What financial advisers should be doing for clients

| 12 Jan 2023

Financial advisers need to understand what clients are looking to achieve and how to take them there and keep them always looped into the process.

As financial advisers, it is your duty to understand your clients’ financial goals. Inherently you should be able to do five things for your clients: portfolio management, cash flow management, financial planning, tax planning and estate preparations.

Firstly, investment guidance is what advisors are known for, but it is not the only thing you should be able to do for your clients. Beyond being well versed in the financial markets, your offerings should include portfolio management involving complex diversification strategies. These should be used to create a portfolio that is designed to boost returns while lowering the overall risk. 

Diversification is typically achieved by holding assets across numerous asset classes. This means having a selection of assets that fall into the conventional asset classes, such as stocks and bonds, and also alternative investments.

You should be knowledgeable in enhanced diversification and offer guidance around what alternative asset classes are most suitable for your clients and also if they are not. You should be able to select specific investments within each asset class and educate them along the way.

Next, the impact of cash flow management can be felt in your clients’ day-to-day lives. They could have substantial savings and investments, but if they have no cash in their pockets to spend at the grocery store, they sure will not feel wealthy. 

Once you enter into a partnership with a client, part of your role is to help generate the cash flow they need for daily expenditures. You should help to facilitate regular withdrawals from their investment or registered accounts and ensure they feel comfortable meeting their everyday spending needs.

Creating a plan around how to cover the cost of a major purchase is also part of your responsibilities. You should be able to organise lump-sum withdrawals in a timely manner and manage any tax implication associated with the purchase. This goes for whether they are buying a new property, buying a new business or starting a charitable foundation.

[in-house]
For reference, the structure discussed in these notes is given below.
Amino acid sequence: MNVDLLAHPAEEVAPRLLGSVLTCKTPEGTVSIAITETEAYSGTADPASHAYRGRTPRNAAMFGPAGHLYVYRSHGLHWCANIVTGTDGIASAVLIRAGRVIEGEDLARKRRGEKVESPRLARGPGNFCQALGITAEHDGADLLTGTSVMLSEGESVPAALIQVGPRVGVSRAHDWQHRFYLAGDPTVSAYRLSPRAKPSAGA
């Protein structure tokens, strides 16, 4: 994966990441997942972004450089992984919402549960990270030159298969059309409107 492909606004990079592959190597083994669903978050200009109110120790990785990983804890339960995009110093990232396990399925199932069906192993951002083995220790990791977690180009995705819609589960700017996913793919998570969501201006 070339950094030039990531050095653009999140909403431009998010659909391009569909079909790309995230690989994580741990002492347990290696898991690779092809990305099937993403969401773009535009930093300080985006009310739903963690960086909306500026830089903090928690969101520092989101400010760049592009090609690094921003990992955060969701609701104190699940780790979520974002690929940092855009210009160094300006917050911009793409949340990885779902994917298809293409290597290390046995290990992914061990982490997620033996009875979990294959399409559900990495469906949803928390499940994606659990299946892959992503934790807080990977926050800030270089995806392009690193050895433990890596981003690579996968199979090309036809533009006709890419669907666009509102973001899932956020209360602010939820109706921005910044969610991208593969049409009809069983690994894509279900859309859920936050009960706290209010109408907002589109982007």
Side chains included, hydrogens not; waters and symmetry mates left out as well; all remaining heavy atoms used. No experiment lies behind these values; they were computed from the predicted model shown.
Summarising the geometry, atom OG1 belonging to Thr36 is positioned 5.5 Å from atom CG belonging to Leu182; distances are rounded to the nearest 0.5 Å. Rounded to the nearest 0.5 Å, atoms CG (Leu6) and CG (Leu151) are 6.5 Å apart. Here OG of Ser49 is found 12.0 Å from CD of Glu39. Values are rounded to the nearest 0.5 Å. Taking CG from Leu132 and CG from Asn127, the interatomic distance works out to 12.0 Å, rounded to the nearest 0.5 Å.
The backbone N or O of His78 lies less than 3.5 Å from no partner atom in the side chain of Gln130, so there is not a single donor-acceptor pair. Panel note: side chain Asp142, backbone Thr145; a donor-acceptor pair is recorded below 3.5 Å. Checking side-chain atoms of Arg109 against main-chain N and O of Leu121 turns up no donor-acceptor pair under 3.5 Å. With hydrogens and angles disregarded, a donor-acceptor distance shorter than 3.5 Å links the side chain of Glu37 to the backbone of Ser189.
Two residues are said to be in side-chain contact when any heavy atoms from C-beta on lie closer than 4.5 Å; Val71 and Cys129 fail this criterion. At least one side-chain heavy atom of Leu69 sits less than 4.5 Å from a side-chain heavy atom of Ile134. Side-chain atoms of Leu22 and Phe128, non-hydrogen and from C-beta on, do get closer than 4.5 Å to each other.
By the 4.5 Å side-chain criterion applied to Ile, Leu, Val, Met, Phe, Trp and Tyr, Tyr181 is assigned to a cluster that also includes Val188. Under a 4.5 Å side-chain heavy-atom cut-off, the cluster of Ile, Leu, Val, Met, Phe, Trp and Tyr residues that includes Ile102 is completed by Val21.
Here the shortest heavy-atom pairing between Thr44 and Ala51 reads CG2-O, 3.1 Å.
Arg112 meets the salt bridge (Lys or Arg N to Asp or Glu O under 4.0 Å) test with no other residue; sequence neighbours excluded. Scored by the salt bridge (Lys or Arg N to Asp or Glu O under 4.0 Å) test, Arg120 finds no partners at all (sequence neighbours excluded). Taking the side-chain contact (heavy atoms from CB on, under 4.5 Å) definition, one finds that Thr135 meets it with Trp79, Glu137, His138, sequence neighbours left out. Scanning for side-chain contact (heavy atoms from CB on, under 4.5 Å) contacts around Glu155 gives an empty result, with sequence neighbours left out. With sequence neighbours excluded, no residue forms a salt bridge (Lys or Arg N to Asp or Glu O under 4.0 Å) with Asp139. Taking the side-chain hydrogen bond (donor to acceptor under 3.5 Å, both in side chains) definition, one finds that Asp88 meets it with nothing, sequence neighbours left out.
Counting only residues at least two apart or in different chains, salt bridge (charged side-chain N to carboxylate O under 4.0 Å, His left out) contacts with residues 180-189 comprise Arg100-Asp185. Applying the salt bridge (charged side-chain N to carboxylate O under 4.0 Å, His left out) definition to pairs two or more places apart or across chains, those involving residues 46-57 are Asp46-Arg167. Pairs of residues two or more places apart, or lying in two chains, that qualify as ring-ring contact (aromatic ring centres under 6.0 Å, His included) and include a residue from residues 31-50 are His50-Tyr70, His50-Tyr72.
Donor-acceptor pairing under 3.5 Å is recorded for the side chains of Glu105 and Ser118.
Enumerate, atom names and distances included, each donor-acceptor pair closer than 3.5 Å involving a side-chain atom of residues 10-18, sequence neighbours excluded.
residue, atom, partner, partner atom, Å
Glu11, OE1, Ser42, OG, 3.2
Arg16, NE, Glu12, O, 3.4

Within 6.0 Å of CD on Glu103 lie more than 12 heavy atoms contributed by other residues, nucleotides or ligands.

Thirdly, the benefits of financial planning are often overlooked, but they are essential if your clients want to build and maintain their wealth. Financial plans are the cornerstone and foundation of financial management. Financial planning includes multiple aspects, such as retirement planning, education planning and debt reduction, while generating strategies to enhance wealth. 

These plans help set the tone for the relationship with your clients and provide clarity. Both you and your clients can continuously rely on the developed plan, which will lead the trajectory of actions and outcomes ahead.

Fourthly, while your clients may initially think of an accountant for their tax planning needs, they should consult you during this process, as well. Together, the accountant and you would make a great team to help clients manage and minimise their taxes while taking advantage of any planning strategies. 

A good example of how you can help with tax planning is through guidance and specific recommendations for what and how much to contribute toward your clients’ registered investment accounts. If applicable to their situation, you can help to maximise their tax-sheltered investments, ultimately putting more money in their pocket.

You should also help your clients with annual tax loss selling. With this tax strategy, it may be possible to offset any realised gains on their investments by divesting losing positions in their non-registered accounts.

Lastly, planning for what happens when your clients pass away is something many people put off. Though it may be tempting to postpone estate planning, it is a critical component of their financial well-being.

You should understand the importance of planning for the future, including what happens with your clients’ estate. 

Estate planning frequently neglects insurance. Often thought of as a backup to be used in only the most dire of situations, insurance is much more than that and can be a valuable addition to many estate plans. You should evaluate their financial situation and provide guidance about how insurance might benefit them and their loved ones.


This is an abridged version of an article which recently appeared in Forbes.